Pondering the path of prospective plans


Jamie Abbott

Lately, my e-mails have been filled with nothing but college recruiters.

Since starting my junior year, my nights have consisted of studying for college level tests, searching for scholarship essays as seemingly silly as “why good foot care is important” and–the most anxiety–inducing–lying in bed feeling as if I had wasted so much time and money from my part-time job throughout my high school career.

Someone once told me those in Generation Z are apprehensive of future plans, jobs and even driving, which my aunt always told me was the greatest freedom but to me it seems to be a blight of anxiety. It is no wonder my generation is so fearful of the future, as the weight to succeed hangs so heavy on each of us when none of us are sure of how we are going to pay for the path to success. Even the bare necessities seem to grow more and more expensive, yet my generation is told we are too expectant.

Some of us have great passions we wish to follow to the ends of the earth– to which I say kudos for those who do–but through most of these speeches, I had no clue what major would even fit my interests. The options are to settle into a secure field with a decent pay or become the very best at an impractical field and elbow your way through. I began to fear being planted and rooted into a field with which I would not be happy, then not being able to elbow my way through, should my desires and ambitions be impractical. With time, I discovered viable plans and paths, but there is still a voice in my head which grows uneasy and restless by the prospect of failure and unhappiness.

Not only is determining the future stressful, college is exceedingly expensive, now more than ever. According to the U.S Department of Education, the average cost of all institutions, public and private, in 1984 to 1985 was $10,210, with inflation calculated. From 2014 to 2015, the average cost for all institutions was $21,728, a price which continues to increase. Even though economic opportunities are most prominent through a college degree, the daunting cost is a wall for students looking to attain a higher education.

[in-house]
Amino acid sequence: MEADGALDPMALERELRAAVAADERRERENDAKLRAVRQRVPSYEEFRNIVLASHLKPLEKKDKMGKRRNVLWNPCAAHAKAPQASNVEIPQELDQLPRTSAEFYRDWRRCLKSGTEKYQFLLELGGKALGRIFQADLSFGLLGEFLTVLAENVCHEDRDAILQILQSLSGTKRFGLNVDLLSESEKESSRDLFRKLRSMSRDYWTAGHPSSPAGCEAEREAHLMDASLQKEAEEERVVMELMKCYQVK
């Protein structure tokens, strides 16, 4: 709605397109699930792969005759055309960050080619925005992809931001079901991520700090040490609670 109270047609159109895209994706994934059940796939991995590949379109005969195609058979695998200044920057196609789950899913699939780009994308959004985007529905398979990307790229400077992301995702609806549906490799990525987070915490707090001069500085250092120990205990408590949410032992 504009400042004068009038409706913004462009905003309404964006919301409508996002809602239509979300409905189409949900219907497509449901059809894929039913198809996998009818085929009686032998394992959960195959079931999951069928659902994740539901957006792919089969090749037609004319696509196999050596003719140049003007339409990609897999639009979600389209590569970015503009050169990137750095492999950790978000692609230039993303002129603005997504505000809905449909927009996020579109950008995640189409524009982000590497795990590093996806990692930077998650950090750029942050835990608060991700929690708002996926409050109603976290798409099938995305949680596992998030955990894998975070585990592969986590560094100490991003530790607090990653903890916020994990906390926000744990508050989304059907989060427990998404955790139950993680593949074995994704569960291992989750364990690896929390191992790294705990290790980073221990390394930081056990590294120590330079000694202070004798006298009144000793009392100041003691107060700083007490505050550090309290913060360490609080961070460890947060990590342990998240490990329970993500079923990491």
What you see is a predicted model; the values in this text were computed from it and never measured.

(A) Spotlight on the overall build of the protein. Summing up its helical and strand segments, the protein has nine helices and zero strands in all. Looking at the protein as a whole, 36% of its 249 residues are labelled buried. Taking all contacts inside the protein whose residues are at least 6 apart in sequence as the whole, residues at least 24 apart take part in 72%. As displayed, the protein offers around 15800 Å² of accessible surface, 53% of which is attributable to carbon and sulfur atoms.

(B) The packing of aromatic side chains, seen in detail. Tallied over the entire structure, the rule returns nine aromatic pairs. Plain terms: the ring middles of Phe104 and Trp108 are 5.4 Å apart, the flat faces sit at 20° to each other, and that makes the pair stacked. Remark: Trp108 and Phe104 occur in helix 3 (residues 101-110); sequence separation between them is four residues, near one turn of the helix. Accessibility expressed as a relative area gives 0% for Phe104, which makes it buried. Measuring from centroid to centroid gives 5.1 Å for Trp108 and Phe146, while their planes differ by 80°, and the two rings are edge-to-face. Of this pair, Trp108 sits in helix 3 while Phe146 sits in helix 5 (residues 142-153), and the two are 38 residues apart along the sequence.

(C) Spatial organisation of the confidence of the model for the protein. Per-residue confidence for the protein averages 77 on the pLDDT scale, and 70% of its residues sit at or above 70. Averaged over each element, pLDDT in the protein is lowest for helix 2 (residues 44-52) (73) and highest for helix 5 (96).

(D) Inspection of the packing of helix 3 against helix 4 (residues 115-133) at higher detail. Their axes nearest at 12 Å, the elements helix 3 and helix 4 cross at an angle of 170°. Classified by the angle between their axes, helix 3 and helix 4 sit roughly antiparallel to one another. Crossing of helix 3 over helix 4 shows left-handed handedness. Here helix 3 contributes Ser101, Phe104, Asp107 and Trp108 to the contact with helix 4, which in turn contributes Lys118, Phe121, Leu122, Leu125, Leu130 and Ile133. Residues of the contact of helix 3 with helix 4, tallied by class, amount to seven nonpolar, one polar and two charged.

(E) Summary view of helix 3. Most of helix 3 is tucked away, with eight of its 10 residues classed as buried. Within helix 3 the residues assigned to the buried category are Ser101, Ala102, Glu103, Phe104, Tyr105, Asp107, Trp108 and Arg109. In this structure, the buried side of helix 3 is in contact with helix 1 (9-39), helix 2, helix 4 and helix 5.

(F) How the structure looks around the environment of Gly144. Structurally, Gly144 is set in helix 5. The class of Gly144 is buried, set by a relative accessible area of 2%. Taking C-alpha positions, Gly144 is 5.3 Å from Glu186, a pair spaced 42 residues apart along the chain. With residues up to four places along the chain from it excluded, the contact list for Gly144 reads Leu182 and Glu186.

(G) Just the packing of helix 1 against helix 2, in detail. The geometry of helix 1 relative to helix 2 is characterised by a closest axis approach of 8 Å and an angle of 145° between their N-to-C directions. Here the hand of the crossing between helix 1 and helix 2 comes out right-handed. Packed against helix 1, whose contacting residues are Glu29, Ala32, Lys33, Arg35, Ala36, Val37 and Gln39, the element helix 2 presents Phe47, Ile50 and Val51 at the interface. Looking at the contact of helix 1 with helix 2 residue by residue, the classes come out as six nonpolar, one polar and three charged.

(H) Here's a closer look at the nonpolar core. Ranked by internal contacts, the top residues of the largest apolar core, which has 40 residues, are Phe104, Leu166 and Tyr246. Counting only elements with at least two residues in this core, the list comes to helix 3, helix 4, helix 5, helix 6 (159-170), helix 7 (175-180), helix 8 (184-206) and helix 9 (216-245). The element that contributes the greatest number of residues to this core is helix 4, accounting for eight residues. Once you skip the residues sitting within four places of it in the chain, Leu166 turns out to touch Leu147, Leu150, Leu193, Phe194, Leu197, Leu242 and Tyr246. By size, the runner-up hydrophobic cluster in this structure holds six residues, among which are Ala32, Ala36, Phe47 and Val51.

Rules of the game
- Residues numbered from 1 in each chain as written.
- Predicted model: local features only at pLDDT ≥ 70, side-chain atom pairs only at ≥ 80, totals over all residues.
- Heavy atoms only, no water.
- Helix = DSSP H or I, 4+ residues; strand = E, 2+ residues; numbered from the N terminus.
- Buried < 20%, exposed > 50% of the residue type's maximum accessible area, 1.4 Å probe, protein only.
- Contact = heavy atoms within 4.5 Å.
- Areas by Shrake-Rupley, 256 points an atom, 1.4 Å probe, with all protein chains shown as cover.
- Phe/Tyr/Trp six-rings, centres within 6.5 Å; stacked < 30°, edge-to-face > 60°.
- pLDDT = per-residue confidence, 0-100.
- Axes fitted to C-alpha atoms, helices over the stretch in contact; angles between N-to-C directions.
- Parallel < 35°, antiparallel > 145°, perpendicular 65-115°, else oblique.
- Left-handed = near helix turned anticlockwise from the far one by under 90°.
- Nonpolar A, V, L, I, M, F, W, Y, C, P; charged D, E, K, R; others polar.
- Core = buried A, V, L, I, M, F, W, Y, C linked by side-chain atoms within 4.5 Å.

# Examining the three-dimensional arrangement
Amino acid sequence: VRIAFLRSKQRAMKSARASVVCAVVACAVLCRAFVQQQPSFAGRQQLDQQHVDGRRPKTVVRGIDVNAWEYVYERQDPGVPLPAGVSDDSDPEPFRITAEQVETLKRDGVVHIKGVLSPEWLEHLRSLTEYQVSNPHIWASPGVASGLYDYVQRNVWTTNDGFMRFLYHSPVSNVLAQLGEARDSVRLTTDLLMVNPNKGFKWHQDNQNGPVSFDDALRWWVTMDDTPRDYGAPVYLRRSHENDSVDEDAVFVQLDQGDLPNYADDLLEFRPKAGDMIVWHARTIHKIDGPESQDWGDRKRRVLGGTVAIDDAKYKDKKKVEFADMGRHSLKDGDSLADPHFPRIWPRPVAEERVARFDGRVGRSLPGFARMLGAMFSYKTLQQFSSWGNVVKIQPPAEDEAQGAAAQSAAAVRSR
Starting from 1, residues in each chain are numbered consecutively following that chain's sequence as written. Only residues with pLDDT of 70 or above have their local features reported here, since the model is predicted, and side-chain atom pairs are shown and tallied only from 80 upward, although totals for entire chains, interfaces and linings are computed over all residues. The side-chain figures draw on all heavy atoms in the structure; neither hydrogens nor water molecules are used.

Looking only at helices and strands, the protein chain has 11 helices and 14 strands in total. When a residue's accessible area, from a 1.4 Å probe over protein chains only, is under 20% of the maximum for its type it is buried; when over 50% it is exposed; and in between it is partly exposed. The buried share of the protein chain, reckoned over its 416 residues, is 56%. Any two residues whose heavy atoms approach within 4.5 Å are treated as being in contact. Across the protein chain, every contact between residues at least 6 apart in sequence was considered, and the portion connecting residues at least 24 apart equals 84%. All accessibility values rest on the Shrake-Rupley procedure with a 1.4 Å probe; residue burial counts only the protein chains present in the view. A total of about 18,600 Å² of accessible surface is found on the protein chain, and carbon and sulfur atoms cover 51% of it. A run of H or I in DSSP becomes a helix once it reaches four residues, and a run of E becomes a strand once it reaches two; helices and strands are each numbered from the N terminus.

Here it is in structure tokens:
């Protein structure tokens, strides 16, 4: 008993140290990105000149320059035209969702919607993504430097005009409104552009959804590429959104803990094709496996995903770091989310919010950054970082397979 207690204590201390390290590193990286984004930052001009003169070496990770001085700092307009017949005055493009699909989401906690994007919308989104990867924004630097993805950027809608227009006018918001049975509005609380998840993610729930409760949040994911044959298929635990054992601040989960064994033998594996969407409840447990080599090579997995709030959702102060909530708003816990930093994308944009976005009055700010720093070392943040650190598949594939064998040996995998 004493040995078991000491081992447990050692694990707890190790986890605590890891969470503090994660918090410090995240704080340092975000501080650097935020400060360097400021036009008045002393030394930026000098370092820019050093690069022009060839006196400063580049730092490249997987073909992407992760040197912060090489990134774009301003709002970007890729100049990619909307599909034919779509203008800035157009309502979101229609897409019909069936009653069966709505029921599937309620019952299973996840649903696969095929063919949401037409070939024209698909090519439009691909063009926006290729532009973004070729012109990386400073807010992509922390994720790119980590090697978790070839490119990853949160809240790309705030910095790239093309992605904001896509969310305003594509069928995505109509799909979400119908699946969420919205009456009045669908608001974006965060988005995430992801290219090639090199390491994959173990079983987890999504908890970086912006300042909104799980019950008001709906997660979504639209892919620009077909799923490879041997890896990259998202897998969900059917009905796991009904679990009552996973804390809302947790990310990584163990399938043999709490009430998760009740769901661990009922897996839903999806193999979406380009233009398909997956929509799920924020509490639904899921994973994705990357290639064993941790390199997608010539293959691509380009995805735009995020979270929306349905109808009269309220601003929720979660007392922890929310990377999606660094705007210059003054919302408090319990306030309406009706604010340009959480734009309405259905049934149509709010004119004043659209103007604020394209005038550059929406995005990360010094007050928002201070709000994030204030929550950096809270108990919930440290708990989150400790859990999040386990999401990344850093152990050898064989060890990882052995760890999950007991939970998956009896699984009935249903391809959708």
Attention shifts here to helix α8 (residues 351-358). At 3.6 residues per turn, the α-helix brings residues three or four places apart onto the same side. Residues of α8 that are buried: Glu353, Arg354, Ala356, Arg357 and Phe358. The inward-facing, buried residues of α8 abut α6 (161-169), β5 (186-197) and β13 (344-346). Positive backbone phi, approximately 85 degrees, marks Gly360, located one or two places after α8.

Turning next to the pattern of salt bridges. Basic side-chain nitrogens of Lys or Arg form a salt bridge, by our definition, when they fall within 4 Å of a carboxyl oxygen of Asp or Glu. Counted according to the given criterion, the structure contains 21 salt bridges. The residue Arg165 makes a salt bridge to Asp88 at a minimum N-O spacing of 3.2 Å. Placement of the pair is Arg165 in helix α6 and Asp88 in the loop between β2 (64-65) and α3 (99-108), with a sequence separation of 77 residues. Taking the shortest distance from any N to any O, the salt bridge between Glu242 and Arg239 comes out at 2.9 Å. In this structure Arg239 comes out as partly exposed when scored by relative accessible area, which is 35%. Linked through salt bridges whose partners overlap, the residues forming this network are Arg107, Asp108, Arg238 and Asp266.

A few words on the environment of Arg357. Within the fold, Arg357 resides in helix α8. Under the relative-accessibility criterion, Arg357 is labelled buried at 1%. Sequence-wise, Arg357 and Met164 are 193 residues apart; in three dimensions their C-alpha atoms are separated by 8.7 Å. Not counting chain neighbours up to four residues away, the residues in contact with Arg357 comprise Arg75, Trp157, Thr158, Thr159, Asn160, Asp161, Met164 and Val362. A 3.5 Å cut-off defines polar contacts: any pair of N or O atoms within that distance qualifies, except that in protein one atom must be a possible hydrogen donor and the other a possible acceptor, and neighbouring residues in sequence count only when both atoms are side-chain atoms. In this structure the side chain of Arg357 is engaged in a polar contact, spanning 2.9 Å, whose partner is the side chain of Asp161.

Now, three months after my 18th birthday have passed, the mist of reality surrounds me from all around and there is nowhere I can run. There is little I want from my adult life, such as materialistic things. I only want to be safe, secure and happy. I want to be able to continue on without stress swallowing me whole, but it seems to me that is the definition of adulthood. I don’t want to be pit against others to compete for a simple position in my field. When we are growing up, adults expect and push us to be the absolute best. Average is tolerable and below average in unacceptable.  

With time, I discovered viable plans and paths, but there is still a voice in my head which grows uneasy and restless by the prospect of failure and unhappiness.”

— Jamie Abbott, 11

“It’s time to grow up.” It’s a phrase I’ve heard several times in the past couple of years, and I am more than accepting of the actuality of such. But saying and doing are two different actions, and throwing off the security blanket of adolescence is much more difficult than some might expect it to be.

If you told me freshman year to cherish these memories and this time, I would have undoubtedly shrugged you off and commented something about nonconformity. I regret not being more involved and forming more meaningful relationships with my peers, as I’ll be departing from them soon now.

Editor’s note: Information for the graphic came from the U.S. Department of Education.